I've seen other people create lists which are filtered by region (e.g. "London Testers") or by areas of expertise/specialism (e.g. "InfoSec Community"). Just bear in mind that if you're making the list public, those people will be notified when you add them to the list; and depending on what the list is, you might not want people to know that you're putting them on it...

Personally I use TwitListManager to keep on top of my lists. It gives you a grid of checkboxes with your most recently-added followers at the top, so I can quickly spot which users I haven't listified yet.

Don't be afraid to turn down or switch off

As I mentioned at the top, and as I've been trying to express throughout, it's all about making Twitter work for you. Don't become a slave to it. For a while, I would find myself obsessively re-reading my feed each morning, to look at every message that had been posted overnight.

If something's important enough, it'll come around again. Or it'll be taken offline - many blog articles are spawned from Twitter conversations, as the 140-character limit tends to be prohibitive to discussing points in detail.

Don't feel compelled to follow people, just because they follow you. Each person that you follow is more potential noise in your stream. The more people you follow, the harder it will be to pluck out the best content. Again, the good stuff will resurface when other people retweet it.

Don't be too precious about your follower count. People will follow and unfollow you, not least for the reason that I just described! There are automated bots which will often cause fluctuations (accounts which mass-follow people, and then get banned). One tool vendor appears to run a weekly script to unfollow and refollow users who aren't following them, in the hope that the "new follower" notification prompts them to reciprocate.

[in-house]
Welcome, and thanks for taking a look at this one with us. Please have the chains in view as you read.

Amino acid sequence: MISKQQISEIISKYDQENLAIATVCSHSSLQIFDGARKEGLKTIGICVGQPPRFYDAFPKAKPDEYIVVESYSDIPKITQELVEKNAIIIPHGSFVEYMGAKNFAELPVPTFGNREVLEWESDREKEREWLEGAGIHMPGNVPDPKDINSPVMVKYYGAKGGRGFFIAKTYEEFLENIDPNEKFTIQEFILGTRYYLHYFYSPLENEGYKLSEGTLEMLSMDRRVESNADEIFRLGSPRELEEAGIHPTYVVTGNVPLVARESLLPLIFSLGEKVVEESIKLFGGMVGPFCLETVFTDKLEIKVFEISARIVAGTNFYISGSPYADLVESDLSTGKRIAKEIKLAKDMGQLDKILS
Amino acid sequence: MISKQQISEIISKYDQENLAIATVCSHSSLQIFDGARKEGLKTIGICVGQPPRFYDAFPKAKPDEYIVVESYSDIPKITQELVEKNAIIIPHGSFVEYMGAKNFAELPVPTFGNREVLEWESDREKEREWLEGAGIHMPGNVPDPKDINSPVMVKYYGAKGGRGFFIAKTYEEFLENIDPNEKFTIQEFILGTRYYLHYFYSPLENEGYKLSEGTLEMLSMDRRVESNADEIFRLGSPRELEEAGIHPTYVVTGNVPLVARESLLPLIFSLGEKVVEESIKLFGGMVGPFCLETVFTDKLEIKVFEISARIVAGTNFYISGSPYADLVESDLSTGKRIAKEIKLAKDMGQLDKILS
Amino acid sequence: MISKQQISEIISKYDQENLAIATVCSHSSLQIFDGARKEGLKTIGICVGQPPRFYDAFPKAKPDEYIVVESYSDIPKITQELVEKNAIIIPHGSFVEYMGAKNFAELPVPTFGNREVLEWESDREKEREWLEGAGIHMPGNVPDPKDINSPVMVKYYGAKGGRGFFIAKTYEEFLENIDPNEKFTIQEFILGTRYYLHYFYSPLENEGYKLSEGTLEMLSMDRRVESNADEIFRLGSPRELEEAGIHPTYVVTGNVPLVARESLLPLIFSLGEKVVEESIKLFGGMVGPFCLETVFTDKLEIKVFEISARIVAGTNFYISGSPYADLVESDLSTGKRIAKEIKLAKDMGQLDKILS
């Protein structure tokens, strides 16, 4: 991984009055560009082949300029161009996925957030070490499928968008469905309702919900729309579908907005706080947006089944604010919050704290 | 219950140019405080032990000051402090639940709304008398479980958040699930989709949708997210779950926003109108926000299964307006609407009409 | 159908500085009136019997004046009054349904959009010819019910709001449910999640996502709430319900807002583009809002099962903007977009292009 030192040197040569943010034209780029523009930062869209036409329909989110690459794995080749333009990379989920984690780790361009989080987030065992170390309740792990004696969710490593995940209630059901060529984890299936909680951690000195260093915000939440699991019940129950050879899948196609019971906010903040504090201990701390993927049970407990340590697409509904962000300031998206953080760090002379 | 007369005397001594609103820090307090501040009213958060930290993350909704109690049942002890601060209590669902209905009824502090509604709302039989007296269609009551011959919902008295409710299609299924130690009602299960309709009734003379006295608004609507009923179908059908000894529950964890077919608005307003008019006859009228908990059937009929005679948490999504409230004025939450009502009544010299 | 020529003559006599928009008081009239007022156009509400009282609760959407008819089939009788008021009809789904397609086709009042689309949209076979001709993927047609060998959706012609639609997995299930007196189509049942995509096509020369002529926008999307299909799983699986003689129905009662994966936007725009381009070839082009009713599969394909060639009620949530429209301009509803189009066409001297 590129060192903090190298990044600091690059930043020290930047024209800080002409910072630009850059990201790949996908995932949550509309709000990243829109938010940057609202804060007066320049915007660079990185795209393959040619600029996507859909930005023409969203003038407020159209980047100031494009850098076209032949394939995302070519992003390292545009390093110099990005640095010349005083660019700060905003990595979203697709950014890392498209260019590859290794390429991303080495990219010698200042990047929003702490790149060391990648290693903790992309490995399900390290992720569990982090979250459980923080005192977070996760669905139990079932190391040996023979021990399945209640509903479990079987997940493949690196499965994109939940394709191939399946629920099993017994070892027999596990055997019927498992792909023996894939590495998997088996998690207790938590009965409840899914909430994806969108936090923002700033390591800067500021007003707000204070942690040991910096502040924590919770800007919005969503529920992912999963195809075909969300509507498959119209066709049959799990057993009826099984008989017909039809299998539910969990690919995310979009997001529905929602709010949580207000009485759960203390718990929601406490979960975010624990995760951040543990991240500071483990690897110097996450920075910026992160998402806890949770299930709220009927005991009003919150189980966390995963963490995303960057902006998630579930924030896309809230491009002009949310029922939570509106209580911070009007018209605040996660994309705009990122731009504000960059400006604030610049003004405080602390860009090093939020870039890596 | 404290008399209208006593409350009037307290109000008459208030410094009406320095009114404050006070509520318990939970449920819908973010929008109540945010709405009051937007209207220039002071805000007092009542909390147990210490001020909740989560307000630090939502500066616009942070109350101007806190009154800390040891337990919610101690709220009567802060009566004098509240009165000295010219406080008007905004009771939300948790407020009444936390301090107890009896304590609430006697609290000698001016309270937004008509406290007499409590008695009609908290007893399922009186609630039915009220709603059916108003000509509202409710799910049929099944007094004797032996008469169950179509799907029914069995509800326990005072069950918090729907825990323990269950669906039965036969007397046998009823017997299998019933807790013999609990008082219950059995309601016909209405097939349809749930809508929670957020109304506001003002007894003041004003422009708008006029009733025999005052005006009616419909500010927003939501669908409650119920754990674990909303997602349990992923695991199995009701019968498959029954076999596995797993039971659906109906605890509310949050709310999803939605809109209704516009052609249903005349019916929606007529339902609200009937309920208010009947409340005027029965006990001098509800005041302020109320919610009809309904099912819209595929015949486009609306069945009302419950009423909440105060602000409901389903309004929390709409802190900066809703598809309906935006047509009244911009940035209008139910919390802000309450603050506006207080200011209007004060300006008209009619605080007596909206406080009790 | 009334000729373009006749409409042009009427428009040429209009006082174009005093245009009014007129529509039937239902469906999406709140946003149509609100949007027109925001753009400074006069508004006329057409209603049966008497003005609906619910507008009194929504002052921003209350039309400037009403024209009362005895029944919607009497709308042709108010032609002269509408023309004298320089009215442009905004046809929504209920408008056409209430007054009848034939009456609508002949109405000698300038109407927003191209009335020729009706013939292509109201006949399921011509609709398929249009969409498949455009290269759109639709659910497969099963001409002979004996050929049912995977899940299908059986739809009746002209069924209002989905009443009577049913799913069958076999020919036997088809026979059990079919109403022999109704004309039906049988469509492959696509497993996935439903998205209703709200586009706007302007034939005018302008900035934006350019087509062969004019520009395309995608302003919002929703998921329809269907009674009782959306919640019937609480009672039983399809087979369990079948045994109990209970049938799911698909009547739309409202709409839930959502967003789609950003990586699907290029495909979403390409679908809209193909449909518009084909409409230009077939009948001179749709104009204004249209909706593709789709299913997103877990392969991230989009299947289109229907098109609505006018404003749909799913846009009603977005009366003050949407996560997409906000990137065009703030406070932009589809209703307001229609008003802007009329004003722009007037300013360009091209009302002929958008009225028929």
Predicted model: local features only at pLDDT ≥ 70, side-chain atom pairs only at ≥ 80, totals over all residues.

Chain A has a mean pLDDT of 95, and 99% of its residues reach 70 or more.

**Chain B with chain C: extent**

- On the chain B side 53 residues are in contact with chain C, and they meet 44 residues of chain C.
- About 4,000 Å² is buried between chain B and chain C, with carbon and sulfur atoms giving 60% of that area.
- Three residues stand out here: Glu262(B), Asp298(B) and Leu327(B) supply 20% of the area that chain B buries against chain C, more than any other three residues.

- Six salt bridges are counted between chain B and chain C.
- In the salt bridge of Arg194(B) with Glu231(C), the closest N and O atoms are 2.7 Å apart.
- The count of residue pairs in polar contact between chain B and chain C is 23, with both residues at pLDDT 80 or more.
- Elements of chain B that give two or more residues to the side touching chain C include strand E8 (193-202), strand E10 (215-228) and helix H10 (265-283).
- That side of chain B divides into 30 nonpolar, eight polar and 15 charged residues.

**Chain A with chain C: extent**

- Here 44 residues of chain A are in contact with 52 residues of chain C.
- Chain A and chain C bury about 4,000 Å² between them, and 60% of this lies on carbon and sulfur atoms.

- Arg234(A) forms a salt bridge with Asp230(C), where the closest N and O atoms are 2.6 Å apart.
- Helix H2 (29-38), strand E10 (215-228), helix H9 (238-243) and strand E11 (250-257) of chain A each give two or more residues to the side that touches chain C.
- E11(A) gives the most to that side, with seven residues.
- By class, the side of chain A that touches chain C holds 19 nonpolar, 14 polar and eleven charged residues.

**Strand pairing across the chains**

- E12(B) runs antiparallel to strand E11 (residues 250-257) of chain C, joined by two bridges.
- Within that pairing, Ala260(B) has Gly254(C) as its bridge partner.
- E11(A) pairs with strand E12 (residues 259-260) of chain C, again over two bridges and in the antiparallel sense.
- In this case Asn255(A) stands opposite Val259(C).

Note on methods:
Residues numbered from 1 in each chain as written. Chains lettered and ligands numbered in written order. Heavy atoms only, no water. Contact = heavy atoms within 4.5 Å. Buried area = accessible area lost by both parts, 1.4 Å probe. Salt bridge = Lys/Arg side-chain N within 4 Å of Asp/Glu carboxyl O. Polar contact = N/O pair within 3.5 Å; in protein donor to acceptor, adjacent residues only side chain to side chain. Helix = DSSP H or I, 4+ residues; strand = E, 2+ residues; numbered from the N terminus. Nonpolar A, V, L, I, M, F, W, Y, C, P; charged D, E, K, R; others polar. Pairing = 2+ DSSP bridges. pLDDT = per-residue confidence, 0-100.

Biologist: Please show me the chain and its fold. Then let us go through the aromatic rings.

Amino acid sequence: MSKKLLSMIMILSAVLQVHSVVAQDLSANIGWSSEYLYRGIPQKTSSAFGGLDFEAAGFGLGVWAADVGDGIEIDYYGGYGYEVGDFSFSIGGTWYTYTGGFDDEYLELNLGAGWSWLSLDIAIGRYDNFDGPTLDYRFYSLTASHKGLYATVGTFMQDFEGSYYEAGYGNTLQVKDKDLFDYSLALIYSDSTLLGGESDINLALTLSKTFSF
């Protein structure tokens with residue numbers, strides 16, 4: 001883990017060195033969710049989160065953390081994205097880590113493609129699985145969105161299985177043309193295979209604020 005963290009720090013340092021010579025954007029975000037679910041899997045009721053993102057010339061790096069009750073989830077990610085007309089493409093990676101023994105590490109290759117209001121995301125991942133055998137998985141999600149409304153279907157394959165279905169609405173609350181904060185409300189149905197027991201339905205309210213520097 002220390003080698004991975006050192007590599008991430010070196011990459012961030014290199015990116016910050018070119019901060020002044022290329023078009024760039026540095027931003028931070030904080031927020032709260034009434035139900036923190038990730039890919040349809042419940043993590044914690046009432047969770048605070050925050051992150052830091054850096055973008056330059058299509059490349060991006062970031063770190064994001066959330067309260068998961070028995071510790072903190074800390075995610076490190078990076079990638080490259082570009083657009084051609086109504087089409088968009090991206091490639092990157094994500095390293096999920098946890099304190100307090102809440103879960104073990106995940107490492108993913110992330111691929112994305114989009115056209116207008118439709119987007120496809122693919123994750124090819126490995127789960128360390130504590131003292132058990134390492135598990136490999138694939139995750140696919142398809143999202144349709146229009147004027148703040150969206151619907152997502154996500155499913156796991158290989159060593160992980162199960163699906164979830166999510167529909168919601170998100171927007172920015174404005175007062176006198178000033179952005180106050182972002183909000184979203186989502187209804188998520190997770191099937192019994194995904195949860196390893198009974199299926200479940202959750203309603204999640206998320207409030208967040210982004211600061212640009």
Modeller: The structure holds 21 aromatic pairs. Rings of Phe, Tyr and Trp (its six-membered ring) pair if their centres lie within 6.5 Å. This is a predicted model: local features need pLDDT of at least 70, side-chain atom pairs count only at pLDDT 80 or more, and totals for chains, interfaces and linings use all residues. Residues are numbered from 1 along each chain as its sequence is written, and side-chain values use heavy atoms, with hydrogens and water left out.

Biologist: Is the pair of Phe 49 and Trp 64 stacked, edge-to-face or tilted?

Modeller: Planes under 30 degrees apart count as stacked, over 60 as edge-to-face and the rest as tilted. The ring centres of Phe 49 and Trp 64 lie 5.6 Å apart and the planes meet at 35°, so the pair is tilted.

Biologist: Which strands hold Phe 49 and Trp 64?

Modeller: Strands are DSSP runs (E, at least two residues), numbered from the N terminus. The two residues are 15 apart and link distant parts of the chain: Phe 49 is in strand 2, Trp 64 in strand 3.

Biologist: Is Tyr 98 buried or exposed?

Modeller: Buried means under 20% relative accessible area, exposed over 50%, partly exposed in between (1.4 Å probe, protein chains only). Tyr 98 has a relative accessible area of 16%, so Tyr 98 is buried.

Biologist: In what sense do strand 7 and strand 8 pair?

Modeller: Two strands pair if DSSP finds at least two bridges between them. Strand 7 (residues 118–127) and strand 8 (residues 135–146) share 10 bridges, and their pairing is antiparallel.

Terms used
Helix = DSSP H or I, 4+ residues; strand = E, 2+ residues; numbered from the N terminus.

In conclusion

If you're not already on Twitter, hopefully this post has given you some useful tips on how to get the most out of the platform. There's little overhead to getting started, so I recommend just creating an account and taking baby steps - follow a small number of people to begin with, learn the ropes, and then scale things up.

If you're already on Twitter, and you have any further tips (or disagree with any of my list), please drop a message in the comments below!

  • LinkedIn
  • Tumblr
  • Reddit
  • Google+
  • Pinterest
  • Pocket
Comments powered by Disqus